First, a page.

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Evo Morales and Luis Arce Pink Tide Heroes

Luis Arce and Evo Morales are notable for fighting for Indigenous rights in the country and for fighting against wealth inequality in the country. In the early 1980s Morales became active in the regional coca-growers union, and in 1985 he was elected the group’s general secretary. Three years later he was elected executive secretary of a federation of various coca-growers unions. In the mid-1990s, when the Bolivian government was suppressing coca production with assistance from the United States, Morales helped found a national political party—the leftist Movement Toward Socialism (Spanish: Movimiento al Socialismo; MAS)—at the same time serving as titular leader of the federation representing coca growers. Morales won a seat in the House of Deputies (the lower house of the Bolivian legislature) in 1997 and was the MAS candidate for president in 2002, only narrowly losing to Gonzalo Sánchez de Lozada. During the presidential campaign, Morales called for the expulsion from Bolivia of U.S. Drug Enforcement Administration agents (his campaign was bolstered by the U.S. ambassador’s comment that aid to Bolivia would be reconsidered if Morales was elected). In the following years, Morales remained active in national affairs, helping force the resignation of Sánchez de Lozada in 2003 and extracting a concession from his successor, Carlos Mesa Gisbert, to consider changes to the highly unpopular U.S.-backed campaign to eradicate illegal coca production. As the MAS presidential candidate again in 2005, Morales was elected easily, winning 54 percent of the vote and becoming the country’s first president of indigenous descent and the first Bolivian president since 1982 to win a majority of the national vote. Sworn in as president in January 2006, he pledged to reduce poverty among the country’s indigenous peoples, ease restrictions on coca farmers, renationalize the country’s energy sector, fight corruption, and increase taxes on the wealthy. Morales strongly supported efforts to rewrite the Bolivian constitution to increase the rights of the country’s indigenous population, enshrine his policies of nationalization and land redistribution, and allow a president to serve two consecutive terms, though in a referendum in July 2006 the MAS failed to win a majority in the Constitutional Assembly. Morales then nationalized Bolivia’s gas fields and oil industry, and in November he signed into law a land reform bill that called for the seizure of unproductive lands from absentee owners and the lands’ redistribution to the poor. His reforms faced opposition from the wealthier provinces of Bolivia, four of which overwhelmingly approved regional autonomy statutes in referenda held in 2008. The Morales government dismissed the referenda as illegal. Tensions escalated, and demonstrations, some of which turned violent, increased throughout the country. A recall referendum on Morales’s leadership was held in August 2008, and two-thirds of the voters supported the continuance of his presidency. The constitution that Morales had envisioned and planned for nearly three years was approved by voters in a national referendum held in January 2009. It allowed him to seek a second consecutive five-year term (previously the constitution limited the president to a single term) and gave him the power to dissolve Congress. Other changes to the constitution furthered indigenous rights, strengthened state control over the country’s natural resources, and enforced a limit on the size of private landholdings. Its passing, however, further aggravated tensions between the country’s indigenous majority and wealthier Bolivians from the gas-rich eastern provinces, who strongly opposed its ratification. In April 2009 Morales signed a law authorizing early presidential and legislative elections, set to take place that December. With the continued support of the indigenous majority, Morales easily won a second five-year presidential term. Moreover, in the concurrent legislative elections, the MAS won control of both houses of Congress. In April 2013 Bolivia’s constitutional court ruled that because Morales’s first term as president had preceded the constitutional reform that prevented the chief executive from serving more than two consecutive terms, he would be allowed to run for a third term in 2014. In that event, Morales claimed a clear victory in the first round of elections, in which exit polls gave him more than 60 percent of the vote. Especially notable was his strong performance in wealthier regions, which had traditionally sided with the opposition. By 2015 the robust Bolivian economy had begun to slow significantly, largely in response to declining world petroleum and natural gas prices, and some of Morales’s critics blamed him for having failed to diversify the country’s natural gas-dependent economy. Morales also found himself at the centre of a corruption scandal when it was revealed that a woman with whom he had once been romantically involved had obtained a prominent position in 2013 with a Chinese company that received some $500 million in no-bid contracts from the Bolivian government. Morales stridently denied having engaged in any impropriety. Nevertheless, that scandal and the sagging economy put a dent in his popularity, and, in a referendum held in February 2016, Bolivians rejected (by a vote of about 51 percent to 49 percent) a constitutional change that would have allowed Morales to run for another term as president in 2019. Morales appeared to be resigned to the results, but in September 2017 the MAS asked the constitutional court to remove term limits for the presidency, and in November the court did just that. In December 2018 the Supreme Electoral Court upheld that decision, prompting widespread street protests but paving the way for Morales to run for reelection in 2019. When they went to the polls in October 2019, many Bolivians appeared to still be angered by Morales’s refusal to honour the results of the referendum. Others blamed the wildfires that had devastated huge tracts of Bolivian forest and grassland on a July 2019 decree by Morales allowing farmers to undertake “controlled burning” to increase the size of their agricultural plots. Morales’s principal opponent in the election was his predecessor as president, Carlos Mesa Gisbert. The field of candidates also included businessman-turned-senator Óscar Ortiz and Evangelical minister Chi Hyun Chung. With some 80 percent of the votes counted on election night, October 20, Morales had garnered about 45 percent of the vote and Mesa about 38 percent, which portended the need for a runoff. Under Bolivian election law, for a presidential candidate to win outright in the first round, the candidate must capture either more than 50 percent of the vote or at least 40 percent of the vote with a 10 percent lead over the nearest challenger. Those early results were followed by a roughly 24-hour delay before it was announced that Morales had extended his margin of victory to just over 10 percent, thus precluding the need for a runoff. The response to the announcement was swift and violent, as opponents of Morales attacked election-related buildings, setting fire to some of them. Accusations of fraud escalated over the coming weeks as the country was paralyzed by widespread protests and strikes. On November 10 the Organization of American States, which had monitored the election, released a report alleging that there had been irregularities and calling for the election to be annulled. The embattled Morales promised to hold new elections, but the commander-in-chief of the Bolivian armed forces, Gen. Williams Kaliman, requested that Morales resign. Morales obliged, leaving office that same day, while insisting that there had been no wrongdoing and claiming that he was the victim of a coup.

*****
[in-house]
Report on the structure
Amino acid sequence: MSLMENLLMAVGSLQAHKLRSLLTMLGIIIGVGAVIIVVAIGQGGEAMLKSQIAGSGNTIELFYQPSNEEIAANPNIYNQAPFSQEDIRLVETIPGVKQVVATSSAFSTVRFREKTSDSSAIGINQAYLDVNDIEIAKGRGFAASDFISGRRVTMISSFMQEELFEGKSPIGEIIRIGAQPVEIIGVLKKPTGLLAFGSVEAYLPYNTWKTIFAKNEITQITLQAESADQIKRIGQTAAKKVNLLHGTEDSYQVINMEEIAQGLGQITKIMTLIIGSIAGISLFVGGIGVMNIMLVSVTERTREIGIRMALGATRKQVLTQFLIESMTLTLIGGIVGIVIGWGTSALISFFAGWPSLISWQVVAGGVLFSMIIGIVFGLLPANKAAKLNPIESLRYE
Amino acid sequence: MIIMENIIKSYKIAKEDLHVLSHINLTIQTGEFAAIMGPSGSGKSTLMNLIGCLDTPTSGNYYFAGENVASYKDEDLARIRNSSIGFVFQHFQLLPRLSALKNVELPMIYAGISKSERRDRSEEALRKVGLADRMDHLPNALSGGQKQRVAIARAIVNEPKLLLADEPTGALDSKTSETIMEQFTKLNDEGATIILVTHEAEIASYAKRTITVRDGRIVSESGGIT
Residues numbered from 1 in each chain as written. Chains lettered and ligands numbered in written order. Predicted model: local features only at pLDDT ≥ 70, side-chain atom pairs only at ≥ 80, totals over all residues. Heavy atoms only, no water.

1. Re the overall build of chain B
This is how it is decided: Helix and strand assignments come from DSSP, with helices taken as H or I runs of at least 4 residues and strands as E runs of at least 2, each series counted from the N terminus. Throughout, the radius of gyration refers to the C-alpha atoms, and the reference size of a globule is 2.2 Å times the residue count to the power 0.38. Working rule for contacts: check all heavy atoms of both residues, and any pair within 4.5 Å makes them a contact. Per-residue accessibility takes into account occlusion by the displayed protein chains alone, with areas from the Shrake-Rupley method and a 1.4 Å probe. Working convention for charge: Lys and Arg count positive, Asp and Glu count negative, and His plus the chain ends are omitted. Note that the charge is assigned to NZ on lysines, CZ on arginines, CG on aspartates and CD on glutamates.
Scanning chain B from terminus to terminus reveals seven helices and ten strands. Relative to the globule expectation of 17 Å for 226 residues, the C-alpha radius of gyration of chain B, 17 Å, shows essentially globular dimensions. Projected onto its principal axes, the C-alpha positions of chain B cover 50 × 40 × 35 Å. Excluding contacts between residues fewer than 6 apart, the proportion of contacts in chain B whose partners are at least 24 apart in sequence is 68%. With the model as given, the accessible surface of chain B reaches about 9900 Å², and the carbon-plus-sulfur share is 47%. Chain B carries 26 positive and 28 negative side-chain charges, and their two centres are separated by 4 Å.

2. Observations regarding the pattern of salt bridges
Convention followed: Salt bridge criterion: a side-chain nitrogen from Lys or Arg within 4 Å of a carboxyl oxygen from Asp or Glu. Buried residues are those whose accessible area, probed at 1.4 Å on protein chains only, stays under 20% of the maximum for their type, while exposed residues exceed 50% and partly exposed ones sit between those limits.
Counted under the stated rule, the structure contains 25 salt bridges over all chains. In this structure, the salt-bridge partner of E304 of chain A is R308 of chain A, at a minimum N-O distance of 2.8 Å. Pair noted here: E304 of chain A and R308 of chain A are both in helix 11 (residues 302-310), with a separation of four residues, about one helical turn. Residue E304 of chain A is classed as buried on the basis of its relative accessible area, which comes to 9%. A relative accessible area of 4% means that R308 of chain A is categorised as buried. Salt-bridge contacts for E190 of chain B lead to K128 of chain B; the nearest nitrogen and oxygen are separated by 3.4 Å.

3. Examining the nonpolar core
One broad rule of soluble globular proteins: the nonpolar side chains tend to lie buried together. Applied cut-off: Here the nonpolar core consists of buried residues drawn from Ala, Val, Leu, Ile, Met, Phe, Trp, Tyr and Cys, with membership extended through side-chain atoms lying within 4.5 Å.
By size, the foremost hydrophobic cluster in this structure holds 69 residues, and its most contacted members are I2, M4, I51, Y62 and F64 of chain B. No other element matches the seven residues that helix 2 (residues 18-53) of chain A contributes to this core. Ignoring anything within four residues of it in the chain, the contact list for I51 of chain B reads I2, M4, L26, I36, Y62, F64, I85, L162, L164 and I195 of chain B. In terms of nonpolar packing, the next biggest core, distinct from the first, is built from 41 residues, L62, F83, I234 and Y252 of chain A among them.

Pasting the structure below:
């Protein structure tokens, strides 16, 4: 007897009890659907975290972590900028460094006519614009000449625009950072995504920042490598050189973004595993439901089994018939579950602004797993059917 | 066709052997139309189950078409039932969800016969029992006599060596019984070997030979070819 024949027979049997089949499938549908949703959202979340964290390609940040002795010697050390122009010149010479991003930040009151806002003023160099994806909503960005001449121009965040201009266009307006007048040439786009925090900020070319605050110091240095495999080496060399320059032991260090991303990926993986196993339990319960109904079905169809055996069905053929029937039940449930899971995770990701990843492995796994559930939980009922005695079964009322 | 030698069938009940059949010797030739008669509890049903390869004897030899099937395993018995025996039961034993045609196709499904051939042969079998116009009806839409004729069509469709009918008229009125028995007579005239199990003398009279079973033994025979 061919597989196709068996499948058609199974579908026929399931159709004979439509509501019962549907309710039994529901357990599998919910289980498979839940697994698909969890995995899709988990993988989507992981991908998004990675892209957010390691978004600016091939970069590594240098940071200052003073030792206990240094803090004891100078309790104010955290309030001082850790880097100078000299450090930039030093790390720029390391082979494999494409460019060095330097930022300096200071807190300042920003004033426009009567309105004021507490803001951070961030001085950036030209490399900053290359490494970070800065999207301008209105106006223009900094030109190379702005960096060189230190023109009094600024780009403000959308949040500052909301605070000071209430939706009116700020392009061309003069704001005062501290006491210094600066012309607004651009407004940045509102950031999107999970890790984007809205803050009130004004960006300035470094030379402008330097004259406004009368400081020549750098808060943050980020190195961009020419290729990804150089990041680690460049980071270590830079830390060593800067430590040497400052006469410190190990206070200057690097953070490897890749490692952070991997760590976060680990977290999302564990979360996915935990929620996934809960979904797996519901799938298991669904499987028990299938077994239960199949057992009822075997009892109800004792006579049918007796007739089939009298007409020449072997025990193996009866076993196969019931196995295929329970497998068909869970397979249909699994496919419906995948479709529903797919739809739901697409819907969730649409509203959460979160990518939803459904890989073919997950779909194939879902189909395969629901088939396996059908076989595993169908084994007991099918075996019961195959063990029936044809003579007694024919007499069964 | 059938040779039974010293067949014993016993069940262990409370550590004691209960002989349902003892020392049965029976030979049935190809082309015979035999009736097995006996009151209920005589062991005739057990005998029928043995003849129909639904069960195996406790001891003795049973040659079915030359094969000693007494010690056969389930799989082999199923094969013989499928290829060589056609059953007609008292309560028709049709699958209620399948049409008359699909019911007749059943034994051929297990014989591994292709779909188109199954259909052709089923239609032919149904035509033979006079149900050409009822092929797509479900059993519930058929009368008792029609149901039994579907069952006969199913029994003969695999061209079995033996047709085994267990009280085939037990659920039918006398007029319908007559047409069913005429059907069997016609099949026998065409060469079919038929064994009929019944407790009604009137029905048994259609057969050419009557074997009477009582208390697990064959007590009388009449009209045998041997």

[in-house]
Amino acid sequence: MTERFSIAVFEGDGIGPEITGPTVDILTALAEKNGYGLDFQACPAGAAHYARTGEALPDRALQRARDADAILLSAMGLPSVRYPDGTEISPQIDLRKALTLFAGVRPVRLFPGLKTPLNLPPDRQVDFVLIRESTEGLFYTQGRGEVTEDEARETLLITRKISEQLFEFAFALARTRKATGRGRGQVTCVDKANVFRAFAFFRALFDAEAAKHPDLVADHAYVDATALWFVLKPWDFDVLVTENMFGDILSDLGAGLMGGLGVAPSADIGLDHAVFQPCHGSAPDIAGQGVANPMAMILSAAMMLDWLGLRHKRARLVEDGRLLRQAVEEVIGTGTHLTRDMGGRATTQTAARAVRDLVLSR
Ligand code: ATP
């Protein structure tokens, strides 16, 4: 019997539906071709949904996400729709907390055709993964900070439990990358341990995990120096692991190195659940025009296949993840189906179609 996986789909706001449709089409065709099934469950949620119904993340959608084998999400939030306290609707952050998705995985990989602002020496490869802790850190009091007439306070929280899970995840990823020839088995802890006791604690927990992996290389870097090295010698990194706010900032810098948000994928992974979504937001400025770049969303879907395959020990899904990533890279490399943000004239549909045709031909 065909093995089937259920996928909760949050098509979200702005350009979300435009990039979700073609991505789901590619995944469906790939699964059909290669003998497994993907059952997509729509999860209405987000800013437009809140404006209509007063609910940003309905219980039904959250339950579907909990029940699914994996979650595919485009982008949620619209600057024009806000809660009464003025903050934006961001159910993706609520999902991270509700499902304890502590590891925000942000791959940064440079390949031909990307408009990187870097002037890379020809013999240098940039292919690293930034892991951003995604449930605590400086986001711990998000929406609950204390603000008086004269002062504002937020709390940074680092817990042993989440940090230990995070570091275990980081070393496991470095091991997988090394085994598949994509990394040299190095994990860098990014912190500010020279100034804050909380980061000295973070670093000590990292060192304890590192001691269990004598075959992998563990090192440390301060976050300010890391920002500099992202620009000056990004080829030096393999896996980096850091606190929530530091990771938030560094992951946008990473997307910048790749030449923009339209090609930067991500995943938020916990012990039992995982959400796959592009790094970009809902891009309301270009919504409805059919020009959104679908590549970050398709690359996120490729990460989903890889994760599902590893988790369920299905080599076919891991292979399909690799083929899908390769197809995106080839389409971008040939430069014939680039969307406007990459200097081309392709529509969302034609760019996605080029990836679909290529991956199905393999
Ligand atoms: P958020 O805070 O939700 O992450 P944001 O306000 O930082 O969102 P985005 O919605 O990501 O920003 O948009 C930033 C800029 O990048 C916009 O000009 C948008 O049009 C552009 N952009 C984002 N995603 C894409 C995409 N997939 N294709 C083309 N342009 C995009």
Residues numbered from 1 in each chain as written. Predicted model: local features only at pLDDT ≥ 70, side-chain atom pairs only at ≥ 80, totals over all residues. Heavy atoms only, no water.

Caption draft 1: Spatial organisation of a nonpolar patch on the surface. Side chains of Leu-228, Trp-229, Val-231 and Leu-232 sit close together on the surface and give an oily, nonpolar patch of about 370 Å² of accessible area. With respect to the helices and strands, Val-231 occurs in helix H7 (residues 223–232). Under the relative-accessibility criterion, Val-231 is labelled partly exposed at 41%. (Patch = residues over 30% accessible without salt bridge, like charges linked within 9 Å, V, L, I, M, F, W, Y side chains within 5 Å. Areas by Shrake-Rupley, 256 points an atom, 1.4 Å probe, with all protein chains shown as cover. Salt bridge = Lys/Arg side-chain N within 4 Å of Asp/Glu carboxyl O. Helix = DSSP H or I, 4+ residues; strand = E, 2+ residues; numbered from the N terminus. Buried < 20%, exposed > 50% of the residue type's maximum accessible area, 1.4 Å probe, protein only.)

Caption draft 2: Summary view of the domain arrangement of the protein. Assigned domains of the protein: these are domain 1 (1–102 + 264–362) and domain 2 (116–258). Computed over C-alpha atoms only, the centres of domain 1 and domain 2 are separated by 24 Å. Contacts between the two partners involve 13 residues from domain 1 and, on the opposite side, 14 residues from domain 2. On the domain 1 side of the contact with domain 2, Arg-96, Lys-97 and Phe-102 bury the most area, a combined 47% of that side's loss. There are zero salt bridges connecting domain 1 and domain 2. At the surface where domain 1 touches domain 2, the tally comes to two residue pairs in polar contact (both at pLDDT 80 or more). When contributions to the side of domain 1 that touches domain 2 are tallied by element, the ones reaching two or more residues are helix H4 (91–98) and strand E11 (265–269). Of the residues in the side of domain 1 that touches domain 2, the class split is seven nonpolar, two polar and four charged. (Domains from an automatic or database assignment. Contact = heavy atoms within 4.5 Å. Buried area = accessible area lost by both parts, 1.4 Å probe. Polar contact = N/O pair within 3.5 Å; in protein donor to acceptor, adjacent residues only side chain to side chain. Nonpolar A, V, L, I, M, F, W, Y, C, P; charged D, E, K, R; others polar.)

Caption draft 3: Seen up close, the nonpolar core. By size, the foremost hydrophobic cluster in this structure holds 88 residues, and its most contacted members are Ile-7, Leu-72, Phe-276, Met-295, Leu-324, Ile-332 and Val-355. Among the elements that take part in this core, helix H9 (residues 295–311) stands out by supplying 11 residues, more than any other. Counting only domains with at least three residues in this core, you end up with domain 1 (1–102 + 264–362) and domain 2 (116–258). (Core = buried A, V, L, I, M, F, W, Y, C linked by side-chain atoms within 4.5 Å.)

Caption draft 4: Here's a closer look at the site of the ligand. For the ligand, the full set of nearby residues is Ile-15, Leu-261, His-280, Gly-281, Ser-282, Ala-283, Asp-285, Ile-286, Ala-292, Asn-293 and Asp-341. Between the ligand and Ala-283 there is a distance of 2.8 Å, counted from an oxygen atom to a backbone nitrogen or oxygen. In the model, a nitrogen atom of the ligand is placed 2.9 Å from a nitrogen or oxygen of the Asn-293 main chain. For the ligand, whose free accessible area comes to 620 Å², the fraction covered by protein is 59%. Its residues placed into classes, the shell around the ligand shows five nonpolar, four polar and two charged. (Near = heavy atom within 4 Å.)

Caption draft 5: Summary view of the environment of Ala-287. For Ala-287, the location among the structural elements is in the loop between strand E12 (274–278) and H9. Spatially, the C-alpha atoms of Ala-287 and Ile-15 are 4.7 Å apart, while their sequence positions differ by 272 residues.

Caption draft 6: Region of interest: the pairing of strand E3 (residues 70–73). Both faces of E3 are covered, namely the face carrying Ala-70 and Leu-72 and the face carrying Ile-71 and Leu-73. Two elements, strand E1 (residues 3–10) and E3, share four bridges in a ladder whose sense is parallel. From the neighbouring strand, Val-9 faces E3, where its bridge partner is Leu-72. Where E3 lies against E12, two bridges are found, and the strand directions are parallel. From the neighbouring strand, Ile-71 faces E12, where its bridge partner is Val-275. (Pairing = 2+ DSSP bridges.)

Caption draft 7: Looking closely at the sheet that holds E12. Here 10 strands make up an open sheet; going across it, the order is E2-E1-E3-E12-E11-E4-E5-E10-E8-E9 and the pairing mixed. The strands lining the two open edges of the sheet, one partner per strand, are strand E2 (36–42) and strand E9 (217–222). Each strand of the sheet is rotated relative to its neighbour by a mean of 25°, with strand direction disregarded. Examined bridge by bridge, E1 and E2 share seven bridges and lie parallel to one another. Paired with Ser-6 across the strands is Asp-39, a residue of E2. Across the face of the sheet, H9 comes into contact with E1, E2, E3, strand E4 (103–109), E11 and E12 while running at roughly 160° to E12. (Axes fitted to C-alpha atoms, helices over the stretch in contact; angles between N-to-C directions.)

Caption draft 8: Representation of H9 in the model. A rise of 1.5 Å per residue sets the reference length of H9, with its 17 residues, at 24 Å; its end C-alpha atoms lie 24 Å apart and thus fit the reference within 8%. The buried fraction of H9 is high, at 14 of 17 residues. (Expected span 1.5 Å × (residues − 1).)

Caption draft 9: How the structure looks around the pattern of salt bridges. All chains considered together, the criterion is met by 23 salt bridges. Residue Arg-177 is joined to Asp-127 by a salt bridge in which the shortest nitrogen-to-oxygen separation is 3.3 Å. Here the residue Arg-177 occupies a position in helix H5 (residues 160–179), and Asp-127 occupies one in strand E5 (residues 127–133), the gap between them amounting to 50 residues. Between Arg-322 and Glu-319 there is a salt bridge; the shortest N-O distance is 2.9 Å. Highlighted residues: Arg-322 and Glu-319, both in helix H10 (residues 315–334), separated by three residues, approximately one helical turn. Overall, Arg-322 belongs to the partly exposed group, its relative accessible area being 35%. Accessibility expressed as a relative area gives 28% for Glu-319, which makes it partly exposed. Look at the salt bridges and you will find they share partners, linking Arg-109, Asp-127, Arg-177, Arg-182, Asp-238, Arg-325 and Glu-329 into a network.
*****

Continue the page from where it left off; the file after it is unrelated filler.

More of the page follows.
Luis Arce, in full Luis Alberto Arce Catacora, byname Lucho, (born September 28, 1963, La Paz, Bolivia), Bolivian politician, economist, banker, and academic who became president of Bolivia in November 2020, returning the country to socialist rule after an interregnum of acting right-wing government that had resulted from the 2019 presidential election in which the victory of nearly 14-year (2006–19) incumbent Evo Morales was overturned. Arce was the candidate of Movement Toward Socialism (Movimiento al Socialismo; MAS), the leftist party that Morales had helped to found. He had been the architect of the economic transformation during Morales’s presidency, which renationalized Bolivia’s thriving petroleum industry, redistributed agricultural land, increased taxes on the wealthy, and lifted countless members of the country’s indigenous population out of poverty. Arce grew up in La Paz, where both of his parents were public school teachers. His secondary education came at the Mexico School, in the capital. From there he went on to study accounting at the Institute of Banking Education, from which he graduated in 1984. Arce then matriculated at the Higher University of San Andrés (UMSA), earning a bachelor’s degree in economics. In 1987 he began his long tenure at the Central Bank of Bolivia with a position as a trader and market analyst in the Department of International Investments. Over the next roughly 20 years, Arce advanced through the ranks of the Central Bank, heading up or acting as the deputy manager of various departments. He took a hiatus from the bank in 1996–97 to pursue a master’s degree in economics in the United Kingdom at the University of Warwick, where he wrote a thesis examining currency substitution in Bolivia. Returning to the bank in 1998, he ultimately served from 2004 to 2006 as the deputy manager of reserves, reporting to the International Operations Management. In the meantime, Arce pursued a parallel career as a professor of economics, finance, and banking at various universities, including UMSA, Loyola University, the Bolivian Private University (UPB), and Franz Tamayo University. Joining the Movement Toward Socialism (MAS), becoming Evo Morales’s right-hand man, and guiding the Bolivian economy In 1999 Arce became part of a circle of UMSA professors and socialist activists who began meeting to discuss the inequities of the Bolivian economic system. Their goal was “to dismantle the neoliberal model and turn the State into a planner, investor, banker, regulator and producer of development.” In 2005, as Morales prepared to mount his second run for the presidency, he invited a number of leftist academics to join MAS to help formulate the economic component of the party’s platform for the upcoming election. Among those who joined the team were Arce and Carlos Villegas Quiroga. The program they crafted sought to “build a dignified, communal, supportive and productive Bolivia” by nationalizing the oil and gas industry and by enacting land reform that broke up large agricultural estates and distributed the land among peasant farmers. When Morales won, he brought Arce, then aged 43, and Quiroga into his “People’s Cabinet” as the minister of finance and minister of planning and the minister of development, respectively. Morales’s socialist government joined the so-called Pink Tide of leftist regimes that came to power in Latin America in the 2000s. In addition to Bolivia, by 2010 Argentina, Brazil, Chile, Ecuador, Honduras, Nicaragua, Paraguay, Uruguay, and Venezuela all were ruled by leftist governments, many of which reshaped their economies, nationalizing key industries, and dramatically increased social spending. A dedicated “MASista” but also a pragmatist, Arce oversaw the implementation of Morales’s National Development Plan as the principal steward of the Bolivian economy during Morales’s first two terms as president and much of his third. From 2006 to 2011, GDP grew by an average of 4.6 percent per year, peaking at 6.8 percent in 2013. At the same time, unemployment decreased, inflation fell, and poverty was dramatically reduced. However, the downturn in the world oil market that set in by mid-decade slowed the Bolivian economy—which averaged GDP growth of 3.7 percent from 2016 to 2019—and increased criticism that Arce had failed to diversify the economy and attract foreign investment. A diagnosis of kidney cancer forced Arce to resign from the cabinet in June 2017 to pursue treatment in Brazil. After recovering from his illness, he returned to the government as the minister of economy and public finance in January 2019. The 2019 Bolivian presidential election, temporary exile, and Arce’s ascent to the presidency In the meantime, judicial rulings had removed term limits for the presidency (in the face of a national referendum in which some 51 percent of those who voted rejected that change to the constitution), and Morales sought reelection in October 2019. After about four-fifths of the ballots had been counted, it appeared as if Morales would fall short of the support needed to preclude a runoff, but a roughly 24-hour delay in tabulating was followed by a dramatic reversal that revealed Morales to be the outright victor, prompting accusations of election fraud that were echoed by the Organization of American States (OAS). In the coming weeks, Morales was forced to step down and flee into exile, ultimately in Argentina, claiming that he had been deposed by a coup, and the election was subsequently invalidated. In early December, Arce followed suit and sought asylum in Mexico. In 2020, as the caretaker right-wing government promised a prompt new election but postponed it repeatedly in response to the coronavirus pandemic that swept the globe, some international organizations began to question the validity of the OAS’s evaluation of the October 2019 election. From afar Morales began orchestrating a return to power for MAS that began with his selection of Arce as the party’s presidential candidate in the election that was finally set to take place in October 2020. Although he had a reputation as a mild-mannered technocrat, Arce in fact was a passionate socialist with an abiding affinity for legendary revolutionary Che Guevara, as well as for Bolivian socialist martyrs Marcelo Quiroga Santa Cruz and Óscar Únzaga de la Vega. Arce’s candidacy was met with widespread approval, and opinion polling showed him to be the front-runner in a crowded field in which his major rivals were former president Carlos Mesa Gisbert, Morales’s principal opponent in October 2019; acting president Jeanine Áñez; and Luis Fernando Camacho of the anti-MAS We Believe party. Seeking not to divide the opposition vote, Áñez dropped out, but Arce still swept to a commanding win, capturing more than 55 percent of the final vote, enough to surpass the threshold necessary to preclude a runoff (the next biggest vote getter was Mesa, with about 29 percent). Arce promised that he was his own man, but the possibility of Morales’s return from exile loomed large as Arce prepared to begin his presidency and to confront the coronavirus pandemic that had clobbered Bolivia, leaving it with one of the world’s worst per capita death rates for COVID-19, the disease caused by the virus.